The Cartoonist Kayfabe guys (Ed Piskor & Jim Rugg) discuss wrestling themed comic books.
The Cartoonist Kayfabe guys (Ed Piskor & Jim Rugg) discuss wrestling themed comic books.
Written by: Jaime Hernandez
Art by: Jaime Hernandez
Fantagraphics Books, 60 Pages
I’ve known of the Love & Rockets comic book series for quite some time. However, I wasn’t aware of this spinoff title until I saw Jim Rugg talk about it in an episode of Cartoonist Kayfabe (a YouTube channel that every fan of the comic book medium should be subscribed to).
This looked like my cup of tea, though. I love indie comics, I love ’90s comics and I love old school territory wrestling before Vince McMahon bought the entire world.
Whoa, Nellie is a lot of fun but overall, the story is a bit short at only three issues. I would’ve liked to have gotten to know these characters better but it still told a good, self-contained story over those three issues.
I really like the art style of Jaime Hernandez, it’s clean, crisp and the way he captures action, primarily all wrestling holds and moves, is pretty dynamic and damn accurate. He’s got a good sense of anatomy, even if he uses more of a cartoonist’s style than a more highly detailed Marvel or DC style.
Even though this is over twenty years-old, it feels like a comic from a bygone era before that. It respects its subject matter and it also seems to exist in a world that’s very true to it.
Pairs well with: other Love & Rockets comic book stories.
Also known as: Santo y Blue Demon vs Drácula y el Hombre Lobo (original Mexican title), Santo and Blue (US subtitled version)
Release Date: July 26th, 1973 (Mexico)
Directed by: Miguel M. Delgado
Written by: Alfredo Salazar
Music by: Gustavo Cesar Carrion
Cast: El Santo, Blue Demon, Aldo Monti, Agustin Martinez Solares, Nubia Marti
Cinematográfica Calderón S.A., 90 Minutes
I have the same sort of love for Mexican lucha libre movies that I do for Japanese tokusatsu. In fact, they’re very similar in a lot of ways, other than lucha pictures don’t tend to feature giant monsters and they always star a big professional wrestling superstar.
In the case of Santo y Blue Demon vs Drácula y el Hombre Lobo, we’ve got a film with two big lucha libre superstars: El Santo and Blue Demon.
But the real treat here is that we’ve also got a pair of classic monsters with Dracula and the Wolf Man. Granted, they aren’t played by Bela Lugosi and Lon Chaney Jr. or Christopher Lee and Oliver Reed but they’re still classic horror monsters squaring off against lucha libre stars in a showdown for the ages!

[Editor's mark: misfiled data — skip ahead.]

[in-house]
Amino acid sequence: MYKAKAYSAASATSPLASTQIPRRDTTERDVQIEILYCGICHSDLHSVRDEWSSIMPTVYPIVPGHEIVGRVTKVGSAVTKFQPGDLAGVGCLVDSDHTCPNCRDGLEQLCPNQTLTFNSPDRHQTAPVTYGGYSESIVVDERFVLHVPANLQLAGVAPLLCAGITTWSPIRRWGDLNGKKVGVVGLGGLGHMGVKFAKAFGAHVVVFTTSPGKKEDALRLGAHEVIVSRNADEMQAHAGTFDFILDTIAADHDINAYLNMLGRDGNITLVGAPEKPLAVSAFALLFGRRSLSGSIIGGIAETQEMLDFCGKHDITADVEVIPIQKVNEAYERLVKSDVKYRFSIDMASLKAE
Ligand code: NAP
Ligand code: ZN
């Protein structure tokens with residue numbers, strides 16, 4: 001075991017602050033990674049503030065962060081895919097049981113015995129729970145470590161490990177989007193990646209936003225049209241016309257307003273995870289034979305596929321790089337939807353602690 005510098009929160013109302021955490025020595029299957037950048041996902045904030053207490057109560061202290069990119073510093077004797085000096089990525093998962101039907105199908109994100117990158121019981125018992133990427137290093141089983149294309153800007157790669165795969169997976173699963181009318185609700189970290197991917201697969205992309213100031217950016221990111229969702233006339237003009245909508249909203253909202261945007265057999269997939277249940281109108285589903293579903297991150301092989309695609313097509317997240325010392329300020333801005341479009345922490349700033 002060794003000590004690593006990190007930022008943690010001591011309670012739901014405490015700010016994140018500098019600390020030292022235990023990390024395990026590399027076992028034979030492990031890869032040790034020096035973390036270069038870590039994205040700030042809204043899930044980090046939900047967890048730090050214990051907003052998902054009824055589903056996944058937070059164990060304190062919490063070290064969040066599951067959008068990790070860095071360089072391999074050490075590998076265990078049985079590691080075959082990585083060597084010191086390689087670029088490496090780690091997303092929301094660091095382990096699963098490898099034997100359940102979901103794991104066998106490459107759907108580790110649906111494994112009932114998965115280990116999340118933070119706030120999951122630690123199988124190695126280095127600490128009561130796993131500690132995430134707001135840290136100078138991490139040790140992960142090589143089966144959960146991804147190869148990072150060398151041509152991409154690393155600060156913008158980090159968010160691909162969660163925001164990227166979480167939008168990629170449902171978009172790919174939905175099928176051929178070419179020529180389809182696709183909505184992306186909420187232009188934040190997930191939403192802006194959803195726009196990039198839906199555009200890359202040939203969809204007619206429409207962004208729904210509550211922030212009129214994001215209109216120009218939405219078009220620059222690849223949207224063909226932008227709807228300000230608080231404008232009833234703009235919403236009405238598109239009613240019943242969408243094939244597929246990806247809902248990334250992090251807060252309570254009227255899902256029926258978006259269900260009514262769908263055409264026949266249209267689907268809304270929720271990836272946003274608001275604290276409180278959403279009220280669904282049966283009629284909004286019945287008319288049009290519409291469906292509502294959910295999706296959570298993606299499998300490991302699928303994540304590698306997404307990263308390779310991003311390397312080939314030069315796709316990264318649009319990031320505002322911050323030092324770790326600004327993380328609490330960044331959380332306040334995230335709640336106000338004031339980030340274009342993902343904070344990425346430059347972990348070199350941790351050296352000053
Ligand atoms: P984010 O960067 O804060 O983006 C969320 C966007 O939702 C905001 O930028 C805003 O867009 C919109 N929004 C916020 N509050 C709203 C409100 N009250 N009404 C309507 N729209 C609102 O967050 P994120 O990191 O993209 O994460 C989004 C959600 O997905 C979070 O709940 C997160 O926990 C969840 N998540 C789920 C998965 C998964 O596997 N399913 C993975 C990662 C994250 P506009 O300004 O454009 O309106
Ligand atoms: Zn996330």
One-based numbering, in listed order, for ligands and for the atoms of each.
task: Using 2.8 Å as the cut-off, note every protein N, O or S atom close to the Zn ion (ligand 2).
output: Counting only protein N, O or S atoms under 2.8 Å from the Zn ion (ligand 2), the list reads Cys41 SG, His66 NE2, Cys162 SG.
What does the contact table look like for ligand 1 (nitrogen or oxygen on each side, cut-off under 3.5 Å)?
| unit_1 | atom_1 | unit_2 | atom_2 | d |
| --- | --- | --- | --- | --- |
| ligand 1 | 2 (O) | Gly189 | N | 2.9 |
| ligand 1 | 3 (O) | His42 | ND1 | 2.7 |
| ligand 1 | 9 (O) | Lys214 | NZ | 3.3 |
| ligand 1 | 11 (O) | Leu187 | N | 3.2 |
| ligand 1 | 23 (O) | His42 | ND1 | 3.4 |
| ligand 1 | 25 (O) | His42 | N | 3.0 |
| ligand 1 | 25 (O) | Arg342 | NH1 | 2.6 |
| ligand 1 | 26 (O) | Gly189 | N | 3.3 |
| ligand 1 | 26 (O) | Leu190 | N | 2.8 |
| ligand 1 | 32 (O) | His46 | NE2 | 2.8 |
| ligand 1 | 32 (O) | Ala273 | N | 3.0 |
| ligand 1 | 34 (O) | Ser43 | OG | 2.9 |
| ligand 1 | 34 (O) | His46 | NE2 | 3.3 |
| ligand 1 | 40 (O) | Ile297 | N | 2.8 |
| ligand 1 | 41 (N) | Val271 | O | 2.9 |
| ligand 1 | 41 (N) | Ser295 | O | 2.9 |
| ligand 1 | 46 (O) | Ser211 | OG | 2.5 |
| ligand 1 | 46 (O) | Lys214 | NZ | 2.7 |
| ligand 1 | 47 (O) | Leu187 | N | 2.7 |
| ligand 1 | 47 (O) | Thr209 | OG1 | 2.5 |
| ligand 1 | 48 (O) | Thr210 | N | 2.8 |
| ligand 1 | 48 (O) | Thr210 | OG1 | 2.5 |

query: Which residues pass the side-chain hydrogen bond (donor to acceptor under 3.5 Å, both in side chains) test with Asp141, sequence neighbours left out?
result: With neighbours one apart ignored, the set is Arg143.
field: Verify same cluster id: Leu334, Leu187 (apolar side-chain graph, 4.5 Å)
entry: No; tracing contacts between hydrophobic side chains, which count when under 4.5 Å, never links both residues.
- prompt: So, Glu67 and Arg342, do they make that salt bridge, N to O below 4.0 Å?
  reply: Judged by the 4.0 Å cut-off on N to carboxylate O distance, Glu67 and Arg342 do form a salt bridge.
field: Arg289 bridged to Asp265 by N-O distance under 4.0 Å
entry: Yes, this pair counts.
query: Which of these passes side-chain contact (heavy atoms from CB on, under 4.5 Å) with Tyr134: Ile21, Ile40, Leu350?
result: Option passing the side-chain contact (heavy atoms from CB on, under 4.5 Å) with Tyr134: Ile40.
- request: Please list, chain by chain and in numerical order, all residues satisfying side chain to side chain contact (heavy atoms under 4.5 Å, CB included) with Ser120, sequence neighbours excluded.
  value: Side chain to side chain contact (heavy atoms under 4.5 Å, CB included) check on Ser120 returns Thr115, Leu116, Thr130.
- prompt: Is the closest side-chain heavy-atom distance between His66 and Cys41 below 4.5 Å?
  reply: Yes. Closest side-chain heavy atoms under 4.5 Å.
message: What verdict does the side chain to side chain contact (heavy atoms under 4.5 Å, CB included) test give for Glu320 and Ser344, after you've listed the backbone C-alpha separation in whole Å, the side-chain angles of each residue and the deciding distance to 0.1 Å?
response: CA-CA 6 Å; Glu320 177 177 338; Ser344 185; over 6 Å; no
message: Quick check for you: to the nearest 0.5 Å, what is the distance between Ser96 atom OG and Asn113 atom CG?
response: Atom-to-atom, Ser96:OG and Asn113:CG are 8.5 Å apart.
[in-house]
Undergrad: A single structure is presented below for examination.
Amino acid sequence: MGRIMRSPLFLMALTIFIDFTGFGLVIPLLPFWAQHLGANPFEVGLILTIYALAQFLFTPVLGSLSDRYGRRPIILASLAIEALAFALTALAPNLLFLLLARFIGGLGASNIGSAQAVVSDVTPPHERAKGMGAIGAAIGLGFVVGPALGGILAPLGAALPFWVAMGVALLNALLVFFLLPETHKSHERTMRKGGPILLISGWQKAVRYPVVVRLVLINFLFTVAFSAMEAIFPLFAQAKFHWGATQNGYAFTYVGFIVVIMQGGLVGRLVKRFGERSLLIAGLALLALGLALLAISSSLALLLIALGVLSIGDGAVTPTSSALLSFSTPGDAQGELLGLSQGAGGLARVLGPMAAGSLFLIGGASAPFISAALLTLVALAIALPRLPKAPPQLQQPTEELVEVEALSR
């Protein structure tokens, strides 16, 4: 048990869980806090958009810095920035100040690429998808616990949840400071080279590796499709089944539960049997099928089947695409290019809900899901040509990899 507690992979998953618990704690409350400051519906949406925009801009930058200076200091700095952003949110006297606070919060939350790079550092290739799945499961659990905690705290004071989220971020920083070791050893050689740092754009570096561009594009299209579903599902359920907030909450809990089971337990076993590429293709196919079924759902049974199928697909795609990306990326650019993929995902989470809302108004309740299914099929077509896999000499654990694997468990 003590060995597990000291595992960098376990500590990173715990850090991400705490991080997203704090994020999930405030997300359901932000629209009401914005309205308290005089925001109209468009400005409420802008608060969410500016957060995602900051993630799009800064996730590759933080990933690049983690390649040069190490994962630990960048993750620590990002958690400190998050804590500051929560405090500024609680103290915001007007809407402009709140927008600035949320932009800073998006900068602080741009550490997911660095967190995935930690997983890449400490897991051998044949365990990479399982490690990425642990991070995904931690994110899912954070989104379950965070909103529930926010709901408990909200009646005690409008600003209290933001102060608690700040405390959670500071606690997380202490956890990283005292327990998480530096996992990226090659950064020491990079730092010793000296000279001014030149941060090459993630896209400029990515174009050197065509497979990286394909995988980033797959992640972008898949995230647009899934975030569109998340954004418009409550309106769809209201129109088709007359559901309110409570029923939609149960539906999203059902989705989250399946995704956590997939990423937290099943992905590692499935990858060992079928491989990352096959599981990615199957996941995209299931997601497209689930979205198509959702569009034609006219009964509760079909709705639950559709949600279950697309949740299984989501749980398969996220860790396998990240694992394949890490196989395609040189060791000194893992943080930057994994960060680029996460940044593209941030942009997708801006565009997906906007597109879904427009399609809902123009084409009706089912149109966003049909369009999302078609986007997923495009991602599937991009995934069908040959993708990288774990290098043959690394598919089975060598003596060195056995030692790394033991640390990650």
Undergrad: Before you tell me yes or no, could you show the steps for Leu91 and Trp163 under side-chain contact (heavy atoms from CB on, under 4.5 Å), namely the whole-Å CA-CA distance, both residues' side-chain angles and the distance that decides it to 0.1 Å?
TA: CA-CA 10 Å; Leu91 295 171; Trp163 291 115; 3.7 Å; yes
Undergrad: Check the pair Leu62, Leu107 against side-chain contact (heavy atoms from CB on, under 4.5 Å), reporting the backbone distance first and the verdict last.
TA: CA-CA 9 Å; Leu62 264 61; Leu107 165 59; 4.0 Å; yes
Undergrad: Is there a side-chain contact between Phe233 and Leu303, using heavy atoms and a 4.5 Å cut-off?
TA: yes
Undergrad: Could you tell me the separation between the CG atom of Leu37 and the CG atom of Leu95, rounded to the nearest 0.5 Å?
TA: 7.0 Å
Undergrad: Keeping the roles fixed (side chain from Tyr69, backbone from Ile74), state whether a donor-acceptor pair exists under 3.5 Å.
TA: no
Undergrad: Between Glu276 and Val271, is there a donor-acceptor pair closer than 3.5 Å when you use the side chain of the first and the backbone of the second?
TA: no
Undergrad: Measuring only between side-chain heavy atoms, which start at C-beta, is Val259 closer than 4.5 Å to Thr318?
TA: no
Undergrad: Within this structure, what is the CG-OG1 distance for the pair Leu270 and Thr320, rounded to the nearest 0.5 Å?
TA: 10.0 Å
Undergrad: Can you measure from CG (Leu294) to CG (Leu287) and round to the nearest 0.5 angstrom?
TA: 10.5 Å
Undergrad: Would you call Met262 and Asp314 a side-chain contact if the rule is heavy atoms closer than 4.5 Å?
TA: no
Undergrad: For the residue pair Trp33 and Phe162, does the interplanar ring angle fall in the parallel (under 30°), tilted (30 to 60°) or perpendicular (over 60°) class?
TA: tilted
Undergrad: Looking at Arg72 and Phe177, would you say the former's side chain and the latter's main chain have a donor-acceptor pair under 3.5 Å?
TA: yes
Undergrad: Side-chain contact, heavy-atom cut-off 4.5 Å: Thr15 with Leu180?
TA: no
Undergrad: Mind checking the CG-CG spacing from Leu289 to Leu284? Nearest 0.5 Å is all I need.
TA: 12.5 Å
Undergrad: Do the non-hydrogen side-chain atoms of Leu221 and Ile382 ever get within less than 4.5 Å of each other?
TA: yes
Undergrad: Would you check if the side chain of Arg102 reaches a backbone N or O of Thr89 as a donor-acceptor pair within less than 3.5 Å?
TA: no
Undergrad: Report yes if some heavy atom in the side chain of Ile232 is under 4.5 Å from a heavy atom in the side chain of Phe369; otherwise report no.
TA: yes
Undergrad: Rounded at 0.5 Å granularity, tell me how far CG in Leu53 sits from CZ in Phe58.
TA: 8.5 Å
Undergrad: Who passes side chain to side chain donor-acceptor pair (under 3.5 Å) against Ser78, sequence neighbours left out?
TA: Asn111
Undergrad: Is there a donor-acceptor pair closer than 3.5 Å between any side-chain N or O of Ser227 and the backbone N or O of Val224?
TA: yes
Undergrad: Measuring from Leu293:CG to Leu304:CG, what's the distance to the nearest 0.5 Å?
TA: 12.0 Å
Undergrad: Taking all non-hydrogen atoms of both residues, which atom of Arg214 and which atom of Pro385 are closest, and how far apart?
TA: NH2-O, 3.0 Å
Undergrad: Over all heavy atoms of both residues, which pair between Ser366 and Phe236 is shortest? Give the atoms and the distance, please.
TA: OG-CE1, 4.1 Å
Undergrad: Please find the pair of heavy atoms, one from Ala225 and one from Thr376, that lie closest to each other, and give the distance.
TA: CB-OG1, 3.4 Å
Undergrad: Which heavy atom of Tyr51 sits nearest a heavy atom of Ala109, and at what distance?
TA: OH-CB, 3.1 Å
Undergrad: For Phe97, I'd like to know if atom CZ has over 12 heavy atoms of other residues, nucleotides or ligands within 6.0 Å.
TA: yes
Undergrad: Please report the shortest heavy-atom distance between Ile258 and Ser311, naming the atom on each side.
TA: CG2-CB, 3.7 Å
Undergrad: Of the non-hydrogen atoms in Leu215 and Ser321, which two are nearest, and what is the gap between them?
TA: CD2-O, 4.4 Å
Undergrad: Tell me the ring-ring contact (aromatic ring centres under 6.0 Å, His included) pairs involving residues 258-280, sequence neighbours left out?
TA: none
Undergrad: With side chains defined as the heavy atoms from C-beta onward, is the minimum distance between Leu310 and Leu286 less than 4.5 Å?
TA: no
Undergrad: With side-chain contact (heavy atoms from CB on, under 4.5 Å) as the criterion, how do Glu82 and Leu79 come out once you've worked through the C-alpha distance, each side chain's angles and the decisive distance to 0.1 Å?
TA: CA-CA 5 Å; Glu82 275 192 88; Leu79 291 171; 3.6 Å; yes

Sadly, the showdown is pretty weak and the film doesn’t seem to follow the rules of these two classic monsters, as the Wolf Man is killed alongside Dracula by being impaled by wooden stakes.
Most people in the States will probably find this movie to be unpalatable. Lucha libre is certainly an acquired taste as an athletic competition, as well as in the movies. For those that love it and the legendary lucha stars of yesteryear, this goofy movie will be a lot of fun in its action heavy sequences.
Most of the non-action stuff is pretty boring and its hard for an American such as myself to follow, as all the details are in Spanish and that isn’t my native tongue. I know enough to get by and I get the gist of the plot but tracking down subtitled or dubbed versions of these films is very difficult.
The special effects are bad, the make up is laughable and the sets look like they’re from a community theater production but it all works for what this is.
I actually liked how they filmed the wrestling matches. Instead of doing them in an arena with thousands of screaming fans, they’re done against a solid, colored backdrop with canned cheers added in. While this is a really cheap way to create these wrestling scenes, it fits the strange tone of the film and its clunky, cheap sets. But it also feels otherworldly, which just works here.